Ron Howard’s (Rush, A Beautiful Mind) latest film tells of an extraordinary story that became the inspiration for Herman Melville’s literary classic Moby Dick. This such story is based on Nathan Philbrick’s 2000 non-fiction book of the same name about the tragedy of whaling vessel ‘The Essex’ and both the on-board tensions that sparked between Captain and First Mate on the ill-fated 1820 voyage, and their battle with a mythical monster of the Ocean; an enormous white whale. Though it didn’t resonate with me as much as expected on an emotional level, and a slow-paced back end saps the effect of some of the more shocking revelations, In the Heart of the Sea is thrilling escapist cinema that almost lives up to its grand epic-cinema ambitions.
The story is recapped through a series of flashbacks as Melville (Ben Whishaw) comes to visit the last remaining survivor of the Essex, former cabin boy Thomas Nickerson (Brendan Gleeson), who has kept the truth of what happened on the voyage a secret all of his life. Melville had learned of the claims about the whale, and he is desperate to learn the full story for what he hopes he can turn into the great novel of his insubstantial career to date.
We are introduced to the story’s central protagonist, First Mate Owen Chase (Chris Hemsworth), and learn of the hostile relationship that developed between he and the Essex’s inexperienced by Class-elite Captain, George Pollard (Benjamin Walker). Setting out on a voyage (to the ends of the Earth if required) to source oil from the blubber of whales, Pollard’s stiff authority is undermined by the headstrong and respected Chase, and their conflict results in them being unnecessarily trapped within a fierce storm. Empty-barreled and struggling the pair agree to keep going, learning of an uncharted part of the Atlantic where the whales have fled their hunters and live in abundance. It is there that the film’s true rivalry begins; as the Essex is attacked by a mammoth Bull Sperm Whale, and the survivors are forced to endure terrible hardships in order to make it back alive.
In the Heart of the Sea is an epic seafaring adventure about the powerlessness of mere men against the might of the natural world; storms, the sun baked open ocean (which is essentially a desert), and this monster beset on their destruction. However, it is less a monster movie than a depiction of human resilience when faced with pending mortality. The first half is significantly more exciting – a breathtaking depiction of the Essex in action and the jaw-dropping initial confrontation with their foe – than the 90-days-at-sea survival story that forms the backbone of the story.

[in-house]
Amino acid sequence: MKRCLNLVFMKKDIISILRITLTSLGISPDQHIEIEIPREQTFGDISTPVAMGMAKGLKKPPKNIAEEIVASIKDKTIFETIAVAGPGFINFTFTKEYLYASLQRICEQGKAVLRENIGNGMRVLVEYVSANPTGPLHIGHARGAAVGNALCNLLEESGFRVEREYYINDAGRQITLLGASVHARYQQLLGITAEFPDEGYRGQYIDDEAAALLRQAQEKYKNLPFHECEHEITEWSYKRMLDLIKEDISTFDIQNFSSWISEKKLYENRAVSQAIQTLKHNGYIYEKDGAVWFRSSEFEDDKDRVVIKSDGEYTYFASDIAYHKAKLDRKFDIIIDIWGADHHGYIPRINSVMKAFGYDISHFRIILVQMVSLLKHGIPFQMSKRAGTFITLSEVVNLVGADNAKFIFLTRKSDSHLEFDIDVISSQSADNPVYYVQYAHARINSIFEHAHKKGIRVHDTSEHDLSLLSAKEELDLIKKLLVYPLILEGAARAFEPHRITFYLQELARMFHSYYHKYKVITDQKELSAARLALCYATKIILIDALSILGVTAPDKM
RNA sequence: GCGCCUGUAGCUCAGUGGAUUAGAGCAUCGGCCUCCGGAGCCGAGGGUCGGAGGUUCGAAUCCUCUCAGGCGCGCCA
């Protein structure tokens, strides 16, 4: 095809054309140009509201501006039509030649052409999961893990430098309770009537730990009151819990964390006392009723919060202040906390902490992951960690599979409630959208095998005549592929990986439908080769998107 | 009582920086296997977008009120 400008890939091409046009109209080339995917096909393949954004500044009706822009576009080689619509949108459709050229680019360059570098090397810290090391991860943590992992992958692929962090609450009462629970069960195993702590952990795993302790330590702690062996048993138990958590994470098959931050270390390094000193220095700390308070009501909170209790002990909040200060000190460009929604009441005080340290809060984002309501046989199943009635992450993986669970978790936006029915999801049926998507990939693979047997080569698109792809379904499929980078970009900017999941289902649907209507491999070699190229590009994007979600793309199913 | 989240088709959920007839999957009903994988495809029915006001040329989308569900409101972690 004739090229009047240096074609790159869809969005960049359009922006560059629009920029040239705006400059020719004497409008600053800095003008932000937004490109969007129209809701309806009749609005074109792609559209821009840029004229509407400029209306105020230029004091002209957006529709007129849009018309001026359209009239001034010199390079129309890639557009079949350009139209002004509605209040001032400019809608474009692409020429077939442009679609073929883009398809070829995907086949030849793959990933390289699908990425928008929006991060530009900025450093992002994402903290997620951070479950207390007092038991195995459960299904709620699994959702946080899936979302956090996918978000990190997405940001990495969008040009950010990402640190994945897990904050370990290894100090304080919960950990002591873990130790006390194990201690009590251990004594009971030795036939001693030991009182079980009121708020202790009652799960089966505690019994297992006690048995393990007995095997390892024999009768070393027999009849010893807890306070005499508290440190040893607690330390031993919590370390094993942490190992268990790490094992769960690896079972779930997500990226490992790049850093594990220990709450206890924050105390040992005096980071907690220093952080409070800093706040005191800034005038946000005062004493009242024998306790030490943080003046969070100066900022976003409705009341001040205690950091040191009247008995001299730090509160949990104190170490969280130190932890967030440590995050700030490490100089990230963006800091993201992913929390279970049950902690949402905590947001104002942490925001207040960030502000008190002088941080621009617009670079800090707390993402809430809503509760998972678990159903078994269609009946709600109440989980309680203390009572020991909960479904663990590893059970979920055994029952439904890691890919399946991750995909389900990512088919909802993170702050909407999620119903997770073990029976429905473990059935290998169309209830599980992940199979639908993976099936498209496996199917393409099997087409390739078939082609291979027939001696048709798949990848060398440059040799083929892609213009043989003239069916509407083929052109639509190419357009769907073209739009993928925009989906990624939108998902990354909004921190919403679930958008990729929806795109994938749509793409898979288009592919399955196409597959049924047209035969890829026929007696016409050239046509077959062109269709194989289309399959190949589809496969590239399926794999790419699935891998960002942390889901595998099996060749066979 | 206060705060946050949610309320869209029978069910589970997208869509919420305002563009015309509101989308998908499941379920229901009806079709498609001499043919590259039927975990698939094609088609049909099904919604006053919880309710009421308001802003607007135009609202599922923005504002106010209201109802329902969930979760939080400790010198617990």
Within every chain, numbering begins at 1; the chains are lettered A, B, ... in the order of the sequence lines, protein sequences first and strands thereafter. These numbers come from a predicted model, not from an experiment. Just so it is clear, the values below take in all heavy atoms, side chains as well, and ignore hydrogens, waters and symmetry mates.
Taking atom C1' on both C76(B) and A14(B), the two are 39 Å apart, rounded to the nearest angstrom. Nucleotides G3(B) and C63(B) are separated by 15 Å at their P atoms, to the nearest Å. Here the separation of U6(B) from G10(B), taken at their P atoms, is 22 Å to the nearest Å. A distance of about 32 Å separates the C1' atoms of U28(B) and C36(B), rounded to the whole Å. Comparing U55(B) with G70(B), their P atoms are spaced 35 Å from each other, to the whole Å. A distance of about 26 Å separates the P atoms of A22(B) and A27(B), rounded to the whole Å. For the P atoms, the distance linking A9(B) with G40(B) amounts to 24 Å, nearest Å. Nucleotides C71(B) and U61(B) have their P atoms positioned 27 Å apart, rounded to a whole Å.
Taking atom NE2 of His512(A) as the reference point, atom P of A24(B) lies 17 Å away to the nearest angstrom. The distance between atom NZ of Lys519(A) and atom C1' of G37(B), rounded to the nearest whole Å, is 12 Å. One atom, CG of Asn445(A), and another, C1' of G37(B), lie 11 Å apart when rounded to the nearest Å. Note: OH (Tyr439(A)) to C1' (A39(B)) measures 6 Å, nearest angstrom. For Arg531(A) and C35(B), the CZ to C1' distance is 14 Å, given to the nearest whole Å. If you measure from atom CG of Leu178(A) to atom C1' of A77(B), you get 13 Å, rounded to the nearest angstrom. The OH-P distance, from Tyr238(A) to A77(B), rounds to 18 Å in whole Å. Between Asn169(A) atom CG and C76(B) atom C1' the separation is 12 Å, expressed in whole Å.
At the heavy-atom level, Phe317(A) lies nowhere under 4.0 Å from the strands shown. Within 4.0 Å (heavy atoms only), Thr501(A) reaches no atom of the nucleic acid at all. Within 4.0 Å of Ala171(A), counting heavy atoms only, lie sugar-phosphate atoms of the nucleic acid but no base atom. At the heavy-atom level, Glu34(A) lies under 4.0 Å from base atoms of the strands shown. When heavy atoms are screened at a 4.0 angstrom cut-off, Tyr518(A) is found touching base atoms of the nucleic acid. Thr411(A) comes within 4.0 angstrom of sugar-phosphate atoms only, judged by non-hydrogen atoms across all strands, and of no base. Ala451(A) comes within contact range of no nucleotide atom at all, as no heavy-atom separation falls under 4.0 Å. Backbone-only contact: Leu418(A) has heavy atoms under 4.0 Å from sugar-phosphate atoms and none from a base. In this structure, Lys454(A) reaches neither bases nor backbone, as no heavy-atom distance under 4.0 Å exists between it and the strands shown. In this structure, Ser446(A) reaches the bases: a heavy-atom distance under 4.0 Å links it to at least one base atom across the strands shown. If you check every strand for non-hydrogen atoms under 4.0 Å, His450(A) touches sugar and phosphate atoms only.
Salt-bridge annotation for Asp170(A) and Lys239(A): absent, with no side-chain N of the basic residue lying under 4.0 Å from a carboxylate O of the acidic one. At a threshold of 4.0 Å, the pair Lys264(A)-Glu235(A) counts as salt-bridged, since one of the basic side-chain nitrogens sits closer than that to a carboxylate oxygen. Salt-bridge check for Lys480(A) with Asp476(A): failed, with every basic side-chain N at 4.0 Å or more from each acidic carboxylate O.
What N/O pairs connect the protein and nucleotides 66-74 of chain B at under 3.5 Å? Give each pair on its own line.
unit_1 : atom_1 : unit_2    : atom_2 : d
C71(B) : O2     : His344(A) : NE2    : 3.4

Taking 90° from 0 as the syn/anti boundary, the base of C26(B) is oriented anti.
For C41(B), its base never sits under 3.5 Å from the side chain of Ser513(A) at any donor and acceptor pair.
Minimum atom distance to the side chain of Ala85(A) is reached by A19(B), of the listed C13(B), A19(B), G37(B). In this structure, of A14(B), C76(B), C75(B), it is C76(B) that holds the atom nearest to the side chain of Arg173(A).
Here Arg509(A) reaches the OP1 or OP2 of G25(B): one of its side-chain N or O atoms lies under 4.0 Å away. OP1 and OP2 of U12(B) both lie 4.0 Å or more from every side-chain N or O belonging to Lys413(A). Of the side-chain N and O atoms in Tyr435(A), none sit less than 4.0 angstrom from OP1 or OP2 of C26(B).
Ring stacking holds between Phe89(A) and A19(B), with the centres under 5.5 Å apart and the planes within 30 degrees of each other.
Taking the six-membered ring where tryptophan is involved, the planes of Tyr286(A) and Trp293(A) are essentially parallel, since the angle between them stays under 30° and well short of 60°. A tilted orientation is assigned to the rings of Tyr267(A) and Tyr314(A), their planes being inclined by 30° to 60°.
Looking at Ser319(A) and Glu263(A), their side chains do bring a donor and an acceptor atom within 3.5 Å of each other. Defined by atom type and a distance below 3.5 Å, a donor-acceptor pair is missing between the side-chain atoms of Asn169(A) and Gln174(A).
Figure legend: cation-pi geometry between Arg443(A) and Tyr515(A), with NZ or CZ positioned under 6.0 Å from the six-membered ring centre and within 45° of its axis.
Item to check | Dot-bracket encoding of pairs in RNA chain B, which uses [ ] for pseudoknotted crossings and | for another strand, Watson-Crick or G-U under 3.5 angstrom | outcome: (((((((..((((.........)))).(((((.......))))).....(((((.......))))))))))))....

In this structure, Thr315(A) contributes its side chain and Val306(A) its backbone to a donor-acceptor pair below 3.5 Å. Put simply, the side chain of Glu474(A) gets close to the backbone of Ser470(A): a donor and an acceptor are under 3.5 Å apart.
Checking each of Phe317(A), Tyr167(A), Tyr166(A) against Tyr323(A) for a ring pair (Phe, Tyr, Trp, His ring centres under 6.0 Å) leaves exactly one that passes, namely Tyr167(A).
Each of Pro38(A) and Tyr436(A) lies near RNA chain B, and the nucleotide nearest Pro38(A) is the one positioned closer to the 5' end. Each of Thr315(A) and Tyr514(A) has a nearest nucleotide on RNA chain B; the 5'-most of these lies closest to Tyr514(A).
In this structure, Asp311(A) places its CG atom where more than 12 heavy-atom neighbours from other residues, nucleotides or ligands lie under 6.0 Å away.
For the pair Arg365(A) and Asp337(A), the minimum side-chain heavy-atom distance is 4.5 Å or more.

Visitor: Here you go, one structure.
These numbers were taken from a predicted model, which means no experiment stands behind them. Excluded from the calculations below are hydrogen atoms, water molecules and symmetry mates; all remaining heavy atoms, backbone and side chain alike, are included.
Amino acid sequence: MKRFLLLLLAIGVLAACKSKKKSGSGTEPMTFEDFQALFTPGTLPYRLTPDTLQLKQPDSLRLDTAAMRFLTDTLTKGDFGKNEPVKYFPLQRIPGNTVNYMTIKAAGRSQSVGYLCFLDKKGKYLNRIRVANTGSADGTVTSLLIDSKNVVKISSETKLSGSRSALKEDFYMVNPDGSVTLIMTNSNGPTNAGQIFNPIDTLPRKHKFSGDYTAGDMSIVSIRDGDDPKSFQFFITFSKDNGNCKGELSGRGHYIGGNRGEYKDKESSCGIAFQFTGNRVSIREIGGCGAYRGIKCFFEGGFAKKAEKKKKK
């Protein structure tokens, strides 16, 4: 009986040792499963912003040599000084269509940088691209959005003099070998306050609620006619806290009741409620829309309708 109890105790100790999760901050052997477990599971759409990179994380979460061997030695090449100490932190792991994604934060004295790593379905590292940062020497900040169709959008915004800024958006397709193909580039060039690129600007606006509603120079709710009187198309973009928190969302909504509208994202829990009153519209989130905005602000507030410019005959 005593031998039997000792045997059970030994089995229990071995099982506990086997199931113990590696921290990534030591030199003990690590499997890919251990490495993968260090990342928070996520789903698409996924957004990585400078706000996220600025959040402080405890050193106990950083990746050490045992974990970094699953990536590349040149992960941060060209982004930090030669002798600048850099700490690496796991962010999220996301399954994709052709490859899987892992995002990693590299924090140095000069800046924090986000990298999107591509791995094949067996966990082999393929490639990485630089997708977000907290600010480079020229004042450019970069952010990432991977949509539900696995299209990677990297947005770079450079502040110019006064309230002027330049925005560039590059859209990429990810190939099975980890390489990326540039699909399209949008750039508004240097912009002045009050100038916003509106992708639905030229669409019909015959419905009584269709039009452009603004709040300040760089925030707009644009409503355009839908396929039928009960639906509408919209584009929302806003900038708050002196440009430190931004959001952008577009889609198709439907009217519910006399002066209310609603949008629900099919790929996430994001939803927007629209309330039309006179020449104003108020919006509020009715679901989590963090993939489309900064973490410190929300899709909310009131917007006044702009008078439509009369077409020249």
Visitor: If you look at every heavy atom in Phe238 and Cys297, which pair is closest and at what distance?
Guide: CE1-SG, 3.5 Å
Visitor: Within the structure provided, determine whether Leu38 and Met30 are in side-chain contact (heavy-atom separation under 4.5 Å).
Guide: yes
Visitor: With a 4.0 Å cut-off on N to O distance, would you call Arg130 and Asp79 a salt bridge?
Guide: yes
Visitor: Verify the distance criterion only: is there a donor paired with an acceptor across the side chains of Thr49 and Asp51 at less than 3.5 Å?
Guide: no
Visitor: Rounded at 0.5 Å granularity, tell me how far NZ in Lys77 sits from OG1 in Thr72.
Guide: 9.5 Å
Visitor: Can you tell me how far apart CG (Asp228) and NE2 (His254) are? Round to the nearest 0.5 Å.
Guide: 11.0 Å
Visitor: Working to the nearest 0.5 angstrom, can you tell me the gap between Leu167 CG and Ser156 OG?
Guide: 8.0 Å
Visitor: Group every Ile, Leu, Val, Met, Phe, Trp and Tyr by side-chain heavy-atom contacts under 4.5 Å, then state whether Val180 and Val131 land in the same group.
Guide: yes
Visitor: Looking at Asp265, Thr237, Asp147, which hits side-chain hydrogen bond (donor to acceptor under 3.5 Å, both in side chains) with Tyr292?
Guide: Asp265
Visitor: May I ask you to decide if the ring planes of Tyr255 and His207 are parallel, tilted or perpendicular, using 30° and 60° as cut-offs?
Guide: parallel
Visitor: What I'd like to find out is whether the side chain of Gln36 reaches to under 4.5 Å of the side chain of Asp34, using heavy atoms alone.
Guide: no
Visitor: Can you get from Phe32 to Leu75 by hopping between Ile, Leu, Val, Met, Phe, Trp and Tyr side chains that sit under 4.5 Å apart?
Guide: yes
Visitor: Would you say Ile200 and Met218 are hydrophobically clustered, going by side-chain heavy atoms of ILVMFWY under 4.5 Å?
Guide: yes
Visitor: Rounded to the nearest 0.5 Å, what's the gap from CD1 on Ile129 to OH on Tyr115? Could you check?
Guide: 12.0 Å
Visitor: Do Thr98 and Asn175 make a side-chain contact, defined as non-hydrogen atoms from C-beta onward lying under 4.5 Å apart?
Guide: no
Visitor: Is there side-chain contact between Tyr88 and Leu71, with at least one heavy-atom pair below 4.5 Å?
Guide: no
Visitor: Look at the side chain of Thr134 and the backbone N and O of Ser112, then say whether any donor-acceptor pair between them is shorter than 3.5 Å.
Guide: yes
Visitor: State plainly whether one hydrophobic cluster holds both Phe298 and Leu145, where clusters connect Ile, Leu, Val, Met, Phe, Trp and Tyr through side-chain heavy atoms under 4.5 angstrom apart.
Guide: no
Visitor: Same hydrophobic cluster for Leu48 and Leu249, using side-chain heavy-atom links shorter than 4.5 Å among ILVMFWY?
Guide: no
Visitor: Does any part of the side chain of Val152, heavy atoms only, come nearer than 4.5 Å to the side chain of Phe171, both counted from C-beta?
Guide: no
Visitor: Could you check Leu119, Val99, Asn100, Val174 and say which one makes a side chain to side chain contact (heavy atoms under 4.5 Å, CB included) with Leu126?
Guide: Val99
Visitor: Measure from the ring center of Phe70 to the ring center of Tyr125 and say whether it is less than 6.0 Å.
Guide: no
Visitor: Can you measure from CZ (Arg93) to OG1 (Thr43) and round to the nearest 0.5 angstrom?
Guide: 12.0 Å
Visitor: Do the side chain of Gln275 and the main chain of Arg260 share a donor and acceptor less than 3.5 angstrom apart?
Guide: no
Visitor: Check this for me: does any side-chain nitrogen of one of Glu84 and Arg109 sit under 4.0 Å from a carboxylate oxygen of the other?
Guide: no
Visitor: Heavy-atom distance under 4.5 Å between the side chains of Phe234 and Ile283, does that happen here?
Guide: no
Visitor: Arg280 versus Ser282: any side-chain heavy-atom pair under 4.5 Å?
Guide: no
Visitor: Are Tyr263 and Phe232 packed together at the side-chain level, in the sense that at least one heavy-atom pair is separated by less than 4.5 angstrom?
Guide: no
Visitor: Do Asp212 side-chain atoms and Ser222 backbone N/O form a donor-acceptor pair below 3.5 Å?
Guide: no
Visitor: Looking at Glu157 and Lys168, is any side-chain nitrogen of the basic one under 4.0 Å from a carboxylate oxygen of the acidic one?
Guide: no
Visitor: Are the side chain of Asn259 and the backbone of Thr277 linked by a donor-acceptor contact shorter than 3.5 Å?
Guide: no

I was constantly in awe of the film on a technical level, and impressed by how well Ron Howard staged the energy on board the vessel, as well as the splendid visual representation of the whales. Genius DP Anthony Dod Mantle (Rush, 127 Hours) uses a yellow-blue colour palette to beautifully capture the effect of the sun on the water, but also does a remarkable job of placing us on the Essex and causing a sweaty-palm anxiety akin to the terror experienced by these men. His use of aggressive, odd-angled close-ups on faces and distinctive objects, and stunning underwater captures amounted to some of the highlights.
But, there was this unexpected absence of emotion, when I should have been devastated by what they went through and had to resort to. I found a similar problem with Rush – another exhilarating, action-packed story, but I didn’t connect emotionally with the characters. Perhaps it was the fact that among the cast only Hemsworth, and to a lesser degree Cillian Murphy, are given characters that have much complexity. Also, it is difficult to care too much for these greedy men who yelp with glee when they enter the whale haven and smell blood. It was their livelihood after all; an irreplaceable resource in an era just before the land oil-boom. Walker is weak as the stubborn, stone-faced ‘antagonist’, while Frank Dillane is just there to stir up trouble whenever necessary. But it is Hemsworth’s show and he carries the film. His physicality as a seaman and fearlessness as a leader is never questioned, even if his accent does get wobbly at times.
By Andrew Buckle
Director: Ron Howard
Writer(s): Charles Leavitt (Screenplay), Nathaniel Philbrick (Book, “In the Heart of the Sea: The Tragedy of the Whaleship Essex”)
Starring: Chris Hemsworth, Cillian Murphy, Tom Holland, Ben Wishaw, Brendan Gleeson, Benjamin Walker
Runtime: 121 minutes
Release date(s): Australia: December 3, 2015